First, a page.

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Why you should include questions on job application forms
Application form questions help you better pre-screen job applicants and create more complete candidate profiles. Use them to:
- Narrow down your applicant pool based on skills and experience related to the role.
- Identify dealbreakers (through knockout questions) so you qualify candidates who match the role.
- Connect with truly qualified candidates who can provide you samples of work or explain how their experience relates to the role.
Questions generally follow these formats: yes-or-no; open-ended; multiple choice; and upload questions (e.g. uploading a work sample.) Avoid asking illegal interview questions on application forms or anytime within your hiring process.
Examples of job application form questions
Employment terms questions
- Are you interested in full-time employment, part-time or either?
- What days and times are you available to work during the week? or Are you available to work [mention working schedule or shifts, e.g. from Tuesday to Saturday 3pm to 11 pm]?
- When’s the earliest you can start working with us?
- If you’re currently working, how much notice do you need to give to your employer?
- What are your salary expectations?
- Are you eligible to work in X country?
- Are you willing to relocate? If so, when would you be available?
- This is a remote position. Do you have access to (e.g. a computer, Internet connection and a private space) to work remotely?
- Are you available/willing to travel X% of the time?
- Are you willing to undertake a drug test as part of this hiring process?
- Are you willing to undergo a background check as part of this hiring process?
Candidates’ skills and qualifications questions
- Do you have experience using X software for Y purposes?
- List all software you have used that’s related to this position.
- Are you able to communicate (orally and in writing) in X language at a native level?
- Do you have a valid driver’s licence?
- Mention two or three projects you have worked on that are relevant to this position.
- Can you provide a sample of your work? (e.g. link to an online portfolio or upload an attachment)
Cultural fit questions
- Why did you apply for this position?
- Why would you like to work with our company?
- How does this position fit in with your long-term goals?
- How did you learn about this job?
- Please list three references and their contact information.
Mini-tests that assess specific skills
Application form questions can also provide you an opportunity to review skills for certain roles. For example, if you’re hiring:
- Editors, ask them to edit a short piece of text.
- Engineers, ask them to debug a piece of code.
- Translators, ask them to translate a paragraph.
Keep in mind, these tests won’t fully represent applicants’ skills, as in some cases it might be easy to search online for the correct answer or seek help offline. Combine these mini-tests with pre-employment assessments later on in your hiring process to get a fuller view of candidate qualifications.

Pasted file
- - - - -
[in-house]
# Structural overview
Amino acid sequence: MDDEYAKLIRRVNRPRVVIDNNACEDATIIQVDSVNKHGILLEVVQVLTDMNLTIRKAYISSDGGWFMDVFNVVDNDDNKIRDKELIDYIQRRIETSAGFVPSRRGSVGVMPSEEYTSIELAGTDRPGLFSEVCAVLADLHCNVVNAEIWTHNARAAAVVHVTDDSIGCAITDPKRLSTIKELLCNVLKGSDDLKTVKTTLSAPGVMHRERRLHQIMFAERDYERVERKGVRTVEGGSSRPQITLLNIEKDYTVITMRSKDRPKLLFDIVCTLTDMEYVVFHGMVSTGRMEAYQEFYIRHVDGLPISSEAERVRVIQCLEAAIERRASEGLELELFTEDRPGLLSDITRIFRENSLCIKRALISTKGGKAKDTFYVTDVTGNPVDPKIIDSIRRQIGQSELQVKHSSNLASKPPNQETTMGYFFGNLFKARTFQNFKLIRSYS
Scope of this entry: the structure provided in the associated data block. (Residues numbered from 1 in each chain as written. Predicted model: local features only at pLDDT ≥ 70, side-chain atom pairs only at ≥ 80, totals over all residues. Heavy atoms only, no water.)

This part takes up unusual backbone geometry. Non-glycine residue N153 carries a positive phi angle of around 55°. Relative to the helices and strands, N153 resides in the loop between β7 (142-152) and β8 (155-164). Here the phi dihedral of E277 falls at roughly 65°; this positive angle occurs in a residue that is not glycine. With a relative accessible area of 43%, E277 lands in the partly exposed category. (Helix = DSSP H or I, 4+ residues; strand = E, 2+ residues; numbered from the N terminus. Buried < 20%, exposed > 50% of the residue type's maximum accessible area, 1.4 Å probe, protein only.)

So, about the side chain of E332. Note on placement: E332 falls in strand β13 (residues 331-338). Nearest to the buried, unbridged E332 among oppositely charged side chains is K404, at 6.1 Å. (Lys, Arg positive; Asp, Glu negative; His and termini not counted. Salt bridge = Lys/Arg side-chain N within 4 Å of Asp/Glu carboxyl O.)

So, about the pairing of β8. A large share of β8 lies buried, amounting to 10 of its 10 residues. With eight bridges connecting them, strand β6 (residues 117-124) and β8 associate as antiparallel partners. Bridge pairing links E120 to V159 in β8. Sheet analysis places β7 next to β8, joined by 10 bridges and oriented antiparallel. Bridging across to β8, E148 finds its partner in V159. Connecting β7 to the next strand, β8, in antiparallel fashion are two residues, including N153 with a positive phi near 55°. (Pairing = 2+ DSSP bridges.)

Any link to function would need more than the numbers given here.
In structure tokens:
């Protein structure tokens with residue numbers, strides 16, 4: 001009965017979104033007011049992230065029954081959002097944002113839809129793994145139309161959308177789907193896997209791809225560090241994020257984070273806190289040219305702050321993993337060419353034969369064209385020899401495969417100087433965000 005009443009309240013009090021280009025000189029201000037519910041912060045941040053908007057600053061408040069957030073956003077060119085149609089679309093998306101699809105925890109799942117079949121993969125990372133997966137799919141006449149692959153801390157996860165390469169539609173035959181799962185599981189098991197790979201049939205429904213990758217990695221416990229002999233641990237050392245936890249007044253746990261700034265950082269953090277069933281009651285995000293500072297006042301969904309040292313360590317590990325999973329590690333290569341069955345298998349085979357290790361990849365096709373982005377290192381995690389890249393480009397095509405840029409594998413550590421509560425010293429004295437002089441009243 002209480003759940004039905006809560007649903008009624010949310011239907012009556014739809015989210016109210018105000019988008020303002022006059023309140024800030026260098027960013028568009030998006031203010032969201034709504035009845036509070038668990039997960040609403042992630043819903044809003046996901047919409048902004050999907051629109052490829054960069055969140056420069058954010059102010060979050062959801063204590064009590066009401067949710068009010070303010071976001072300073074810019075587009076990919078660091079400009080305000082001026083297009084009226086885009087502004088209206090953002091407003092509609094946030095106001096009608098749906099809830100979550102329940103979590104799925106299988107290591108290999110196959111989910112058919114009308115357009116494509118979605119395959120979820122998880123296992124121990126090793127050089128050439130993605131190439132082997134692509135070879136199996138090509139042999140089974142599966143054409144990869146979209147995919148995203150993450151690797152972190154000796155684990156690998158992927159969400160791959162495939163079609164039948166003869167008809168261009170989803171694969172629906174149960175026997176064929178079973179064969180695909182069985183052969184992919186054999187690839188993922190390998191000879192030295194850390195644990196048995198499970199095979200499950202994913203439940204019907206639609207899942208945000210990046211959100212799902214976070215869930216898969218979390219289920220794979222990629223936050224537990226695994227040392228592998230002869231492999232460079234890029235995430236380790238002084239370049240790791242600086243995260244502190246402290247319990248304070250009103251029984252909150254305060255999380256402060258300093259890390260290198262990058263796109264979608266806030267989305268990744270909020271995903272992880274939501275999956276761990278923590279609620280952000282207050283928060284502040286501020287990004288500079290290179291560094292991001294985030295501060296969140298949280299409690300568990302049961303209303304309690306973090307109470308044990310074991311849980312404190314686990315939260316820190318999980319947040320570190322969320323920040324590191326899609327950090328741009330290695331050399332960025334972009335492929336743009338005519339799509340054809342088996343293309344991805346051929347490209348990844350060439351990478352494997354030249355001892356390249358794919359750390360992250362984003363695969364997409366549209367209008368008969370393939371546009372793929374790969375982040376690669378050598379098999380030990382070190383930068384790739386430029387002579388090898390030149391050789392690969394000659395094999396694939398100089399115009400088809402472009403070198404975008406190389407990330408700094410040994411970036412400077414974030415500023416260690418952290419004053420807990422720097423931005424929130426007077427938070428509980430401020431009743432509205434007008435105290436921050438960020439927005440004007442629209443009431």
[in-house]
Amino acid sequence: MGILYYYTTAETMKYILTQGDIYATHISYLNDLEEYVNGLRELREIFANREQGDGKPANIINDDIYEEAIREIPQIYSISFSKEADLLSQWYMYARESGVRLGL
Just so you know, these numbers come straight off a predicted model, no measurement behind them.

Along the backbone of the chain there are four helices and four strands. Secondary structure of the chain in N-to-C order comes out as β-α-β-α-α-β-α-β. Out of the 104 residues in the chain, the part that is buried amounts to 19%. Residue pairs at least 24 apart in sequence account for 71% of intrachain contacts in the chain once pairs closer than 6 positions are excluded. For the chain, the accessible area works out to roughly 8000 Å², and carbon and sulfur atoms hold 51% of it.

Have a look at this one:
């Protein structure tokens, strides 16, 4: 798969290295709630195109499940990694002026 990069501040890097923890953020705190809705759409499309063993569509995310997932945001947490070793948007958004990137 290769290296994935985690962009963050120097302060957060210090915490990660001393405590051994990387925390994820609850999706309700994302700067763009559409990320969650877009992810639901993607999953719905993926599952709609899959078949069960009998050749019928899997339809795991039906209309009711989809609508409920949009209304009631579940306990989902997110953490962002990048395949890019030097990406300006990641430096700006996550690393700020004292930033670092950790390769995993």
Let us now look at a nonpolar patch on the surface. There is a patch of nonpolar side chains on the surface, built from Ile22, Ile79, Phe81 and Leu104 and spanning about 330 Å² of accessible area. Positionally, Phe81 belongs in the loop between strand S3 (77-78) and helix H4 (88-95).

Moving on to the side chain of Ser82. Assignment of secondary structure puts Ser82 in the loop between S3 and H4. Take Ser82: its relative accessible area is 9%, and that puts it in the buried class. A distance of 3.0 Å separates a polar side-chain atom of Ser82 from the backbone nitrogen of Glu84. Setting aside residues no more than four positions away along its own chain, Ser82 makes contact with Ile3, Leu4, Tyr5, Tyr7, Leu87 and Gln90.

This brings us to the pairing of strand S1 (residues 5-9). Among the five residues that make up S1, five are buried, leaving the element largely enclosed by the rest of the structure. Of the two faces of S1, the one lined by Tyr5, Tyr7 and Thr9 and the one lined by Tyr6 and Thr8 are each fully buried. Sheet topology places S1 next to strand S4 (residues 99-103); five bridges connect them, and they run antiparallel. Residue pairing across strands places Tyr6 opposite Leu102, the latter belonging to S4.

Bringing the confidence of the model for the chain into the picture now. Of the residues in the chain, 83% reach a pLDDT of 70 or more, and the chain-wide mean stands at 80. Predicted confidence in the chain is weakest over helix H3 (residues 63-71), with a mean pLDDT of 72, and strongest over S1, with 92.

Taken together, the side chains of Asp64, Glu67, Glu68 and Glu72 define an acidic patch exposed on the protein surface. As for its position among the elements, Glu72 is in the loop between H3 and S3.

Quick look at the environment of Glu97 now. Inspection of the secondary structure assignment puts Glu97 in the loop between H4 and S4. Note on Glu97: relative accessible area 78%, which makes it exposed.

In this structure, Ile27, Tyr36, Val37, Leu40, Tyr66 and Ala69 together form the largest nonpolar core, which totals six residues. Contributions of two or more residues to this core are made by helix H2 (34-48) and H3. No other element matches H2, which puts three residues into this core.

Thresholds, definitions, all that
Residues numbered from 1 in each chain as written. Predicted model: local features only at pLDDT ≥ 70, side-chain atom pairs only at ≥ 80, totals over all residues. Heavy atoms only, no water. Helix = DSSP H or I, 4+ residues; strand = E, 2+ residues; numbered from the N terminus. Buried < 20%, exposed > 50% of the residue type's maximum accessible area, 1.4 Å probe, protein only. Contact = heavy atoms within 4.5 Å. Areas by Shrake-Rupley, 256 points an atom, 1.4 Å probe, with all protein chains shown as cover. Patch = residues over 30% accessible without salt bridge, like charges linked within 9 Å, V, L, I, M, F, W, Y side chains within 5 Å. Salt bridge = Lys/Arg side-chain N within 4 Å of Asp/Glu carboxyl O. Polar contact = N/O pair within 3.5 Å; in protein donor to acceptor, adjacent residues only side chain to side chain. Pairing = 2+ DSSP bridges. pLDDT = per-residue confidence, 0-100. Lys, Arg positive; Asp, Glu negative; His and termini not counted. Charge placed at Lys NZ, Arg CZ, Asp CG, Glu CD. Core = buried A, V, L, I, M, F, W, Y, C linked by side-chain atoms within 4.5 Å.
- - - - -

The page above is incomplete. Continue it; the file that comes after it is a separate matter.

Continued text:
Tips on how to evaluate candidates’ answers in job application form questions
- Use them to ask more detailed questions later. Application form questions are good starting points for your phone or in-person interviews. For example, ask candidates to describe their past projects in detail, or elaborate on career goals they list in the job application.
- Determine which criteria are dealbreakers and which are negotiable. For example, instantly disqualify a candidate who doesn’t have a valid driver’s licence if it’s mandatory for the role, but keep someone on your “maybe” list if their salary expectations are only slightly higher than the compensation package you offer.
- Focus on things that matter. For example, ask whether applicants hold a specific certification only if it’s a must-have for their role (e.g. for accountants, instructors or healthcare workers.)
Red flags in applicant answers
When evaluating application form answers, consider raising a red flag for candidates if:
- They lack key requirements. While you can – and should – train new employees through good onboarding practices, there are mandatory prerequisite skills for most positions. For example, if you’re looking to hire someone who can translate documents from English into Russian, disqualify candidates who aren’t fluent in both at a native level.
- Their salary expectations are significantly higher than what you can offer. You might be able to negotiate with candidates whose salary expectations are slightly higher than what you can offer. But, if the variation is too high, it makes sense to disqualify the candidate.
- They’re inflexible with their work schedule. Positions in certain industries may require working in shifts (e.g. retail.) These employees need to be available during weekends and holidays and may be called upon to take on colleagues’ shifts as needed. If applicants indicate they are inflexible around their working days and hours, they might not be a good match for these roles.
- They don’t respond to all questions. Candidates who leave fields blank in your application form indicate they mightn’t really be interested in the role. Or, they might not have the answers you’re looking for (e.g. they lack knowledge in X software.) Decide whether you’ll automatically disqualify them or you will ask for clarifications, based on their entire application form and their resume/cover letter.
You can use Workable to easily create an effective application form as part of the hiring process. Start a 15-day free trial today.